Brian Dixon: Politics and Leadership

Brian Dixon

Having completed a Bachelor of Commerce and a Diploma of Education at Melbourne University, and all while still playing at the Melbourne Football Club, Dixon entered Victorian politics in 1964.

Following in the footsteps of his predecessor, Baron David Snider, Dixon ran for and assumed the seat of St Kilda representing the Liberal Party of Australia.

Brian Dixon’s Political Career Began in Controversial Circumstances

Making an impact almost immediately in politics, Dixon strongly opposed the then Premier Henry Bolte on the hanging of Ronald Ryan – the last man to be legally executed in Australia. Dixon’s hard work was soon rewarded by promotion into the ministry under new Premier Rupert Hamer. During his time in the ministry, Dixon was delegated a whole host of portfolios, where he served as:

  • The Minister for both Youth and Sport and Recreation from May 1973 – April 1982
  • The Assistant Minister for Education from May 1973 – March 1976
  • The Minister for Social Welfare from March 1976 – February 1979
  • The Minister for Housing from May 1979 – February 1981 and
  • The Minister for Employment and Training from December 1980 – April 1982.
  • He notably also acted as a member for the following committees:
  • The Standing Orders committee from 1967 – 1970 and
  • The Road Safety committee 1969 – 1970.

Particularly during his brief stint in the Road Safety committee, Dixon generated one of the most significant highlights of his political career when he contributed into the world-first legislation of compulsory seat belt wearing in cars. As a reward for his efforts, Dixon received the Graeme Grove medal in 1975 from the Royal Australasian College of Surgeons and is seen as a pioneer by many in making this legislation a universal reality.

Dixon eventually lost his coveted seat of St Kilda in 1982 to ALP member, Andrew McCutcheon.

Brian Dixon’s Leadership in his Political Career

Without a doubt, Brian Dixon’s leadership qualities extend further than the football field; and his involvement in politics became a sheer tool in utilising his directional skills throughout the many organisations with which he has been affiliated.

His first genuine taste of leadership came from his experiences as a school teacher and lecturer at the Croydon High School and Melbourne University respectively, where he was appointed and acted as the head of the Economics department at the Melbourne Grammar School in 1963 – 1964.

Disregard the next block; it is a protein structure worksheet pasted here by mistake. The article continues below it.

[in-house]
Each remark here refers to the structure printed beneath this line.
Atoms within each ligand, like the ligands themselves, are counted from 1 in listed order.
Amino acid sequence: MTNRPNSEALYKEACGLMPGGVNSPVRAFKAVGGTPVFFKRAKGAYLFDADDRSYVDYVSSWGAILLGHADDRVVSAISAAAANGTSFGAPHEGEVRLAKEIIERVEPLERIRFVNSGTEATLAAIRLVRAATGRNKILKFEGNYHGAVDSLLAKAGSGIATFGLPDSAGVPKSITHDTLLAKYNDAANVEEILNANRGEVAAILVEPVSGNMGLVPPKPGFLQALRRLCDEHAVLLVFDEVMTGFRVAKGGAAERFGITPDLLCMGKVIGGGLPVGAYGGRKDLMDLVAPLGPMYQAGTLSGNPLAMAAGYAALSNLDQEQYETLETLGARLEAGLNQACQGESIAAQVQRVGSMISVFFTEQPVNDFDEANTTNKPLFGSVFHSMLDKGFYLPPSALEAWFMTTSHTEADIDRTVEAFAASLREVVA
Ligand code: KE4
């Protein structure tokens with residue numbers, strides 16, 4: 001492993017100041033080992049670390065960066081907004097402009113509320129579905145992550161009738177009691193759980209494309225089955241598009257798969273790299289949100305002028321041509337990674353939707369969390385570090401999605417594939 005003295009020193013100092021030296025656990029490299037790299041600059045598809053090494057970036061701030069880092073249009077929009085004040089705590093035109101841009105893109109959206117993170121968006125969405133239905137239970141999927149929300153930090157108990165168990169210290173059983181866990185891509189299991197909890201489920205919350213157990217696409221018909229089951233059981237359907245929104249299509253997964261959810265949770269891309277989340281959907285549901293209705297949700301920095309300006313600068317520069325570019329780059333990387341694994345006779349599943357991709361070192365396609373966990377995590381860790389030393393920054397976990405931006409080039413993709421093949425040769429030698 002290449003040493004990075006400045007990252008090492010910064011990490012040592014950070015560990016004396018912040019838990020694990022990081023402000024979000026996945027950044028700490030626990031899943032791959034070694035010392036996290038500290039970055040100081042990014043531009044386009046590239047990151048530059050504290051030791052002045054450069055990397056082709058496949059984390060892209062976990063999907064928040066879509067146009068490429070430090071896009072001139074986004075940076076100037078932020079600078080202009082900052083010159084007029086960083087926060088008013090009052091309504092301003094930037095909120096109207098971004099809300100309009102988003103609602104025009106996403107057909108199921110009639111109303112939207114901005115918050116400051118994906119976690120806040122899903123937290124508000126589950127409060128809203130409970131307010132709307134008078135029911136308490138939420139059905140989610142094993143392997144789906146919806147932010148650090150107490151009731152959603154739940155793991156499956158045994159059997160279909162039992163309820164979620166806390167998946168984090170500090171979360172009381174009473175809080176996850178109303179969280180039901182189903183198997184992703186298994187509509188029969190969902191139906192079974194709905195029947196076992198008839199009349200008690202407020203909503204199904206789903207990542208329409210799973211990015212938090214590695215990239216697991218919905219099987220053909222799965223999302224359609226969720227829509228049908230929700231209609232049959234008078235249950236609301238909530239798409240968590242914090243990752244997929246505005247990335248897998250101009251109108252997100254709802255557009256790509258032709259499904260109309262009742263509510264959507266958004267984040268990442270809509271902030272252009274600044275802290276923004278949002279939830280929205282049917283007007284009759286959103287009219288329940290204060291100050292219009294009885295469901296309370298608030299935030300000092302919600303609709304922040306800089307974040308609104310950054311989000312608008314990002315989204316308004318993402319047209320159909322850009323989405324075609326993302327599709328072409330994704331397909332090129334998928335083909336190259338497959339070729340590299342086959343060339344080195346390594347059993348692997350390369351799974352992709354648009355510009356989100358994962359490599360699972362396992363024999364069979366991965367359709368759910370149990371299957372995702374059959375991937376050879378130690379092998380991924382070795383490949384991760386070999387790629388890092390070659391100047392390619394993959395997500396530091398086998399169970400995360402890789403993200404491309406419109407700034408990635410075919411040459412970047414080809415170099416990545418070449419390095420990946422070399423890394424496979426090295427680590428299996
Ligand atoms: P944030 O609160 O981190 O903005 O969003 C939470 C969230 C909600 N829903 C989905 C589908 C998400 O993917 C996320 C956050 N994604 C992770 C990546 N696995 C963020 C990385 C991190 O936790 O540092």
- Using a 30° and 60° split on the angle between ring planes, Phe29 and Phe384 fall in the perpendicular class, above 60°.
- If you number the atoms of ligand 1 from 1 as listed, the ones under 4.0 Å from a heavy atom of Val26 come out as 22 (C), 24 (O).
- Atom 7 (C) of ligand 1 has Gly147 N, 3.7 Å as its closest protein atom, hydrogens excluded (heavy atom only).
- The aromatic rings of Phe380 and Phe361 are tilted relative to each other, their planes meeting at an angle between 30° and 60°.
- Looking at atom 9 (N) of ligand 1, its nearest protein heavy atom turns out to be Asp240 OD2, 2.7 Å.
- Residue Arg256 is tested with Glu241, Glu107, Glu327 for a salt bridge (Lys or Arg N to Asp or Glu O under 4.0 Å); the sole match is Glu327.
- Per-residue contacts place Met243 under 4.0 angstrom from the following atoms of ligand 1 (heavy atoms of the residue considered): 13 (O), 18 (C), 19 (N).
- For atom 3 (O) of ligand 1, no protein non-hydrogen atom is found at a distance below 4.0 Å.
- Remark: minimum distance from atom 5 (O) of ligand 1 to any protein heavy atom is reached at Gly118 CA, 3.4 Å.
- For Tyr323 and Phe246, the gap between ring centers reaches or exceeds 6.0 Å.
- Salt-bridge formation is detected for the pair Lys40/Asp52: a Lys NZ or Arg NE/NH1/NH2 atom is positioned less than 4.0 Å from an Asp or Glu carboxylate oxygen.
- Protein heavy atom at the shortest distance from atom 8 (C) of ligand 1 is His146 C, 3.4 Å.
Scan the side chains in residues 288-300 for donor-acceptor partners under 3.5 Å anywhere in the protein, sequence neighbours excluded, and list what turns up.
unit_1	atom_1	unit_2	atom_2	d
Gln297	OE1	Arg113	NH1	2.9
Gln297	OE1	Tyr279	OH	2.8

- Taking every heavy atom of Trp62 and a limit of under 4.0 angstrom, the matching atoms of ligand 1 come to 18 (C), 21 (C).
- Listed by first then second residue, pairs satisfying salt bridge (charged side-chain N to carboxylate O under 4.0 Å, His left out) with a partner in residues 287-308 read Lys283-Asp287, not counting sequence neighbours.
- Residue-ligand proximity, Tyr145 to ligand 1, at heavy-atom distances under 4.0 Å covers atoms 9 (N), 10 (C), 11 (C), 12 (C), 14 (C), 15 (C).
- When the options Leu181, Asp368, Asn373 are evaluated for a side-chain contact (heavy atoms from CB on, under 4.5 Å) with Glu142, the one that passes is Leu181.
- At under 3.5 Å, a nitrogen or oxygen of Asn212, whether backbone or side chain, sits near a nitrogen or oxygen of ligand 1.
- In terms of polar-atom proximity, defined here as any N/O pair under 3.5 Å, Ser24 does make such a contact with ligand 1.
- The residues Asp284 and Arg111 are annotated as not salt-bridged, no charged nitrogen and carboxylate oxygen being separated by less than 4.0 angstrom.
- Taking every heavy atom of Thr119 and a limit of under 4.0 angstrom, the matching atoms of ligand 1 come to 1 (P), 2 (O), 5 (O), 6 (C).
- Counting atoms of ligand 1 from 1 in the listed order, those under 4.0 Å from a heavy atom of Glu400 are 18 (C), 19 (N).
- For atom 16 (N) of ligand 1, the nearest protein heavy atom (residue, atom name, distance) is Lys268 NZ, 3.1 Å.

From there, politics developed into much more of a primary focus for Dixon; yet he nevertheless exercised his leadership muscle, where he functioned as a director for the Victorian Ballet guild in 1970 and the coach of the VFL side, the North Melbourne Kangaroos, in 1971 – 1972 (which was very much a precursor for the Kangaroos’ success in the mid 1970s).

Dixon’s foray into the state ministry in 1973, particularly as the Minister for Sport and Recreation, allowed him to grasp an understanding of how to go about assembling new associations; and so it was that Dixon created and founded a number of associations and organisations within his time in the ministry, which even stretched into the establishment of the iconic organisation: The Life. Be In It. program, where he received the Hoover Award for Marketing in Australia in 1978 for his Life. Be In It. campaign.

Other organisations and associations created and founded by Brian Dixon include:

  • The St Kilda Community Group
  • The Bicycle Institute of Victoria (Now Bicycle Victoria) and
  • The St Kilda Community Aid Abroad.

Throughout most of his tenure as a minister for the Victorian Liberal Government, Dixon was also the chairman of the ‘Olympics Games Bid’ and spearheaded this unique institution into hopefully one day securing a second Olympics Games following the accomplishments of Melbourne, 1956.

Brian Dixon’s Leadership Qualities Extended Far Beyond Politics

Following his political demise in 1982, Dixon joined the newly-founded VFL/AFL side, the Sydney Swans, where he became the executive director for a term of just over six months before returning to the ‘Olympics Games Bid’ institution as the chairman in 1988 and as a consultant in 1988 – 1990 and 1996.

As it happened, Dixon’s love of sport never wilted as he went on to co-found the following world health organisations in 1991:

  • TAFISA (The Association For International Sport for All) and
  • ASFAA (Asiana Sport For All Association).

Specifically, as the Secretary-General of the ASFAA (Asiana Sport For All Association), Dixon laid the foundations for Australian football to be adopted by other nations for the perpetually developing global AFL tournament: The International Cup. In fact, Dixon’s influence into bringing Australian football to countries such as South Africa and India has brought about both countries fielding representative national sides for the International Cup, where the former finished in a highly respectable third place in 2008.

Today, Dixon still plays an integral part in both TAFISA and ASFAA as he continues to promote Australian rules football and the values of a healthy lifestyle to all four corners of the globe.